• Walk for 20 minutes before or after every meal
  • Weigh yourself regularly
    Weighing yourself can help keep you aware of even slight weight gain such as a pound or 2. Seeing the scale can help encourage you to make immediate adjustments in your diet so that you can return to your ideal weight3
  • Keep a diary 
    Studies show that writing down what you eat is one of the most effective strategies for maintaining a healthy weight11
    • Writing down when you eat, what you eat, where you eat, and how much you eat 
    • Write down when, at what intensity, and for how long you exercise; adjust your meals according to your level of activity
  • Replace food with behavioral counseling to manage your emotions
    Many people find that emotional issues can result in overeating.12 Behavioral counseling can help you understand what's bothering you as well as give you noneating strategies to manage your feelings




1. Weight Control Information Network. Overweight and Obesity Statistics. http://win. Accessed November 1, 2014.
2. Kraschnewski JL et al. Long-term weight loss maintenance in the United States. Int J Obes. 2010;34:1644-1654.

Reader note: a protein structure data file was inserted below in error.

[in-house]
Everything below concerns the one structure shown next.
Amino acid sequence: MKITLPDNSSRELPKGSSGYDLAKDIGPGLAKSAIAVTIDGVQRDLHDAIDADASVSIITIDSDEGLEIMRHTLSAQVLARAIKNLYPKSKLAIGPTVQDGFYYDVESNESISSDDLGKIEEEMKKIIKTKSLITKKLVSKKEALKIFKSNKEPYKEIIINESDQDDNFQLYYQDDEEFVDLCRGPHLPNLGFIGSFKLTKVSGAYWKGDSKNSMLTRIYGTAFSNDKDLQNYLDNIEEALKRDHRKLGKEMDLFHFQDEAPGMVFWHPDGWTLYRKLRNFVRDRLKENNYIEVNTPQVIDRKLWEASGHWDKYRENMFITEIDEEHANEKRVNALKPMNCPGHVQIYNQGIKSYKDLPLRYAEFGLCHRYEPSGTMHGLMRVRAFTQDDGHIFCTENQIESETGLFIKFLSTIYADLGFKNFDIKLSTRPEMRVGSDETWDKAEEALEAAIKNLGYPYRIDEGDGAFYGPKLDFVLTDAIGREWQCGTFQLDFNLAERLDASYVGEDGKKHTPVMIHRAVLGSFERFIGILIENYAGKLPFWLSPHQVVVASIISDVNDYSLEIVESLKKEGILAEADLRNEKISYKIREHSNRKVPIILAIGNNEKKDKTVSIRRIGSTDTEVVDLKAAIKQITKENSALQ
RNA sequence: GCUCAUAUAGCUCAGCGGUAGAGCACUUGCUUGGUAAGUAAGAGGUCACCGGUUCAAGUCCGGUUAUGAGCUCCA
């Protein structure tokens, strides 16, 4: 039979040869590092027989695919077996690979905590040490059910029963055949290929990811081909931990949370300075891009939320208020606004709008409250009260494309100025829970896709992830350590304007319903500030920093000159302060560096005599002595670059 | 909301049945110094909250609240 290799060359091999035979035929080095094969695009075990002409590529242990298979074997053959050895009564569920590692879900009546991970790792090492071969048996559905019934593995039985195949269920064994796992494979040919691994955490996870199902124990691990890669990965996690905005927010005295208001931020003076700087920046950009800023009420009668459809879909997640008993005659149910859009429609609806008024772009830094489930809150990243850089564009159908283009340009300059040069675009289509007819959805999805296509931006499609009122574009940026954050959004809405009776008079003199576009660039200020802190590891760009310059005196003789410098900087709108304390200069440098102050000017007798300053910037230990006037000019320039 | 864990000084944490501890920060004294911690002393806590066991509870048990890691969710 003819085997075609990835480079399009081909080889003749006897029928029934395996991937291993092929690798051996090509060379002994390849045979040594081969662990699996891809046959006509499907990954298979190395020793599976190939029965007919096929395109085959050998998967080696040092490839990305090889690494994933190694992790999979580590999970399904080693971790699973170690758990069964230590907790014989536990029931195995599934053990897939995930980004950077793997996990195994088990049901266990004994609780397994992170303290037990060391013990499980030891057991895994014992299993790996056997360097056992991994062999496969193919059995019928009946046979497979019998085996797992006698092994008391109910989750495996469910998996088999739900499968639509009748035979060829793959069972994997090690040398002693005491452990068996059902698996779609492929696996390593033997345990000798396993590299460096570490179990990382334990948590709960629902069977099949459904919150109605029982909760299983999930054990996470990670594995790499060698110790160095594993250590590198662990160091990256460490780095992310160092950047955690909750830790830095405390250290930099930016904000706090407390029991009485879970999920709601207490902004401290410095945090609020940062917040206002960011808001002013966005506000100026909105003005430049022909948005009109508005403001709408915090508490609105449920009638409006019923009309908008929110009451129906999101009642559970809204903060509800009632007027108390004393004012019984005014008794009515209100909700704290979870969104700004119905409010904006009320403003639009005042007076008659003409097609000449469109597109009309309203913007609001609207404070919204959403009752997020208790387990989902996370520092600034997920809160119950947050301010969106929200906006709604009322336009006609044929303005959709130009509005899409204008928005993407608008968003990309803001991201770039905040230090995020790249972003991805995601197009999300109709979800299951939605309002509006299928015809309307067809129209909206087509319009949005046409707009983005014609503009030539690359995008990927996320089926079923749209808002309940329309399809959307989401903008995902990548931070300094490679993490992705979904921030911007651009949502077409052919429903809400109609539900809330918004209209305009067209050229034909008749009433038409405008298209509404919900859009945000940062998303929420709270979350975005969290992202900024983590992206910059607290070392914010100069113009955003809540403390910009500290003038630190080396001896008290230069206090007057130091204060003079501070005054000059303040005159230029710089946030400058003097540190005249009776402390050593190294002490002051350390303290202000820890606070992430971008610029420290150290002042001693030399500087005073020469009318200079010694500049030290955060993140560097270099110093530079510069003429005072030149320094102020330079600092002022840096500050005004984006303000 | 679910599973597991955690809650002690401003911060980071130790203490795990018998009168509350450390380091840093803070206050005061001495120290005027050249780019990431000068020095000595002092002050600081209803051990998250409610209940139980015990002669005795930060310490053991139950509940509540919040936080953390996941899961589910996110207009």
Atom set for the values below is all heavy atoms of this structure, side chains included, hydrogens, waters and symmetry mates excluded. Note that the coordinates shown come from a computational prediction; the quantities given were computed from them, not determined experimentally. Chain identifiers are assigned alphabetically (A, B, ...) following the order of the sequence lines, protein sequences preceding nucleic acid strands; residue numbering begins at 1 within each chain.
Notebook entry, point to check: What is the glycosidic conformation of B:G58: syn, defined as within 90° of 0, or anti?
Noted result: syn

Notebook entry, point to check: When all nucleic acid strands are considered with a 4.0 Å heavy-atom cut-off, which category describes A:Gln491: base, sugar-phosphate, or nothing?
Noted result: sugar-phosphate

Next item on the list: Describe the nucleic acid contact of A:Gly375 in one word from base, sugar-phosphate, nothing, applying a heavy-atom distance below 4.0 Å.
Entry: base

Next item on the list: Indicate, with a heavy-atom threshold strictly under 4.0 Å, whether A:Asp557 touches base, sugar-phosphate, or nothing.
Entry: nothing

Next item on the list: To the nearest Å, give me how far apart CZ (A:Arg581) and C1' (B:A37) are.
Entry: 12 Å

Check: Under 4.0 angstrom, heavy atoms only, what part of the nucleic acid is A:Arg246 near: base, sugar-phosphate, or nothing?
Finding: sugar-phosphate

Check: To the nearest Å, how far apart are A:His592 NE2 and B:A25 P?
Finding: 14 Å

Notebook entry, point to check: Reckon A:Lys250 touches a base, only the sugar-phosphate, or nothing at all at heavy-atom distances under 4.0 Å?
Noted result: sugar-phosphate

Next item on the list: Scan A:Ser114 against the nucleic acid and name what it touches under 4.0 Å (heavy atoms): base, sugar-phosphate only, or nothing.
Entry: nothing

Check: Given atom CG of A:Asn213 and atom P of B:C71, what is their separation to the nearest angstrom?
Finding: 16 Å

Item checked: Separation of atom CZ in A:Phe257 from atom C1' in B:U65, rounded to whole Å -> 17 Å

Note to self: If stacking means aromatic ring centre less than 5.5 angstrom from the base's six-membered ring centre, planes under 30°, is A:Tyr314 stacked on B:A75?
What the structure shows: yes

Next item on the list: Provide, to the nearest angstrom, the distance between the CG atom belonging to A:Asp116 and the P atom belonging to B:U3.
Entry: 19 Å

3. Wing R, Phelan S. Long-term weight loss maintenance. Am J Clin Nutr. 2005;82(1):222S-225S.
4. Johnston R, Poti J, Popkin B, Kenan WR. Eating and aging: Trends in dietary intake among older American from 1977-2010. J Nutr Health Aging. 2014;18(3):234-242.
5. Hoertel H, Will M, Leidy H. A randomized crossover, pilot study examining the effects of a normal protein vs high proten breakfast on food cravings and reward signals in overweight/obese "breakfast skipping," late-adolescent girls. Nutr J. 2014;6(13):80.
6. Rolls BJ. What is the role of portion control in weight management? Int J Obes. 2014;38(1):S1-S8.
7. United States Department of Acriculture (USDA). Choose My Plate. Weight management: Decrease portion sizes. Accessed November 1, 2014.
8. Kong A et al. Self-monitoring and eating-related behaviors associated with 12-month weight loss in postmenopausal overweight-to-obese women. J Acad Nutr Diet. 2012;112(9);1428-1435.
9. United States Acriculture Department (USDA). Choo My Plate. Weight management: Focus on foods you need. Accessed November 1, 2014.
10. Nguyen B, Powel L. The impact of restaurant consumption among US adults. Pub Health Nutr. 2014;17(11):2445-2452.
11.Wadden T et al. Lifestyle modification for obesity. New developments in diet, physical activity, and behavior therapy. Circ. 2012;125(9):1157-1170.
12. Elfhag K, Rossner S. Who succeeds in maintaining weight loss? A conceptual review of factors associated with weight loss maintenance and weight regain. Obes Rev. 2005;6(1):67-85.